Life Extension Magazine August 2006
Death by Medicine
By Gary Null, PhD; Carolyn Dean MD, ND; Martin Feldman, MD; Debora Rasio, MD; and Dorothy Smith, PhD
In a 2000 JAMA article, Dr. Barbara Starfield presents well-documented facts that are both shocking and unassailable.19,20 The US ranks 12th of 13 industrialized countries when judged by 16 health status indicators. Japan, Sweden, and Canada were first, second, and third, respectively. More than 40 million people in the US have no health insurance, and 20-30% of patients receive contraindicated care.
Starfield warned that one cause of medical mistakes is overuse of technology, which may create a “cascade effect” leading to still more treatment. She urges the use of ICD (International Classification of Diseases) codes that have designations such as “Drugs, Medicinal, and Biological Substances Causing Adverse Effects in Therapeutic Use” and “Complications of Surgical and Medical Care” to help doctors quantify and recognize the magnitude of the medical error problem. Starfield notes that many deaths attributable to medical error today are likely to be coded to indicate some other cause of death. She concludes that against the backdrop of our poor health report card compared to other Western countries, we should recognize that the harmful effects of health care interventions account for a substantial proportion of our excess deaths.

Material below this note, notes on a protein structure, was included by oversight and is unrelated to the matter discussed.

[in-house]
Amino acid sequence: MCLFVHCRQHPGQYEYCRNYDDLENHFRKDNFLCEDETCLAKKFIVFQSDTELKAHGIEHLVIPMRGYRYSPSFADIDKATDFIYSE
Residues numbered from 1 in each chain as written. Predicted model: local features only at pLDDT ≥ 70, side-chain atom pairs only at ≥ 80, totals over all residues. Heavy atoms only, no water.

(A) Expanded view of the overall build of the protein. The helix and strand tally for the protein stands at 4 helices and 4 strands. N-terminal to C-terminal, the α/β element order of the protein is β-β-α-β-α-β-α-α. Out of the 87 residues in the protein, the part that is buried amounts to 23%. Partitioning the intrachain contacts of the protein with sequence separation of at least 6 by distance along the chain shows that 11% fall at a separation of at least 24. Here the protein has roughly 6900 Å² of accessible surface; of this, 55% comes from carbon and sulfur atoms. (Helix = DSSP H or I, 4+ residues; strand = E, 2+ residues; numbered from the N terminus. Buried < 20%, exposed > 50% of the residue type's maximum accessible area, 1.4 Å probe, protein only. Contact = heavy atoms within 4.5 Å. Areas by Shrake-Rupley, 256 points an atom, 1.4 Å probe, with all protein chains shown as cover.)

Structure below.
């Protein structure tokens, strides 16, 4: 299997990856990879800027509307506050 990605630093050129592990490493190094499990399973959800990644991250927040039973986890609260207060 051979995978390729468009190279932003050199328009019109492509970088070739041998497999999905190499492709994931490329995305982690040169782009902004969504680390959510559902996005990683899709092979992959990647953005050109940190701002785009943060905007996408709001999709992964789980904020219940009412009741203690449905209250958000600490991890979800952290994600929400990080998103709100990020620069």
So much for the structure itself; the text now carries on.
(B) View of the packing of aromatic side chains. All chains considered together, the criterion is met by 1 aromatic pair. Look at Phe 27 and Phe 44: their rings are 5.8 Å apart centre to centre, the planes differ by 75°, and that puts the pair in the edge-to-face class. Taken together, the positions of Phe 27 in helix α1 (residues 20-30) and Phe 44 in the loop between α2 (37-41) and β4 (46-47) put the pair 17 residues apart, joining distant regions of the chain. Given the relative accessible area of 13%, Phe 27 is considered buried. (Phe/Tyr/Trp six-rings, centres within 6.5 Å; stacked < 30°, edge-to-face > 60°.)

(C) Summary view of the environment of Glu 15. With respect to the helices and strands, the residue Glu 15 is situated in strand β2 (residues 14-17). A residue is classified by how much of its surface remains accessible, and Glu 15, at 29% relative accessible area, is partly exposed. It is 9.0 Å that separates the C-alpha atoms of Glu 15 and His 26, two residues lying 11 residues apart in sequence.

Starfield cites Weingart’s 2000 article, “Epidemiology of Medical Error,” as well as other authors to suggest that between 4% and 18% of consecutive patients in outpatient settings suffer an iatrogenic event leading to:
While some 12,000 deaths occur each year from unnecessary surgeries, results from the few studies that have measured unnecessary surgery directly indicate that for some highly controversial operations, the proportion of unwarranted surgeries could be as high as 30%.81
Medical Errors: A Global Issue
A five-country survey published in the Journal of Health Affairs found that 18-28% of people who were recently ill had suffered from a medical or drug error in the previous two years. The study surveyed 750 recently ill adults. The breakdown by country showed the percentages of those suffering a medical or drug error were 18% in Britain, 23% in Australia and in New Zealand, 25% in Canada, and 28% in the US.115
The Institute of Medicine recently found that the 41 million Americans with no health insurance have consistently worse clinical outcomes than those who are insured, and are at increased risk for dying prematurely.116
When doctors bill for services they do not render, advise unnecessary tests, or screen everyone for a rare condition, they are committing insurance fraud. The US GAO estimated that $12 billion was lost to fraudulent or unnecessary claims in 1998, and reclaimed $480 million in judgments in that year. In 2001, the federal government won or negotiated more than $1.7 billion in judgments, settlements, and administrative impositions in health care fraud cases and proceedings.117
Warehousing Our Elders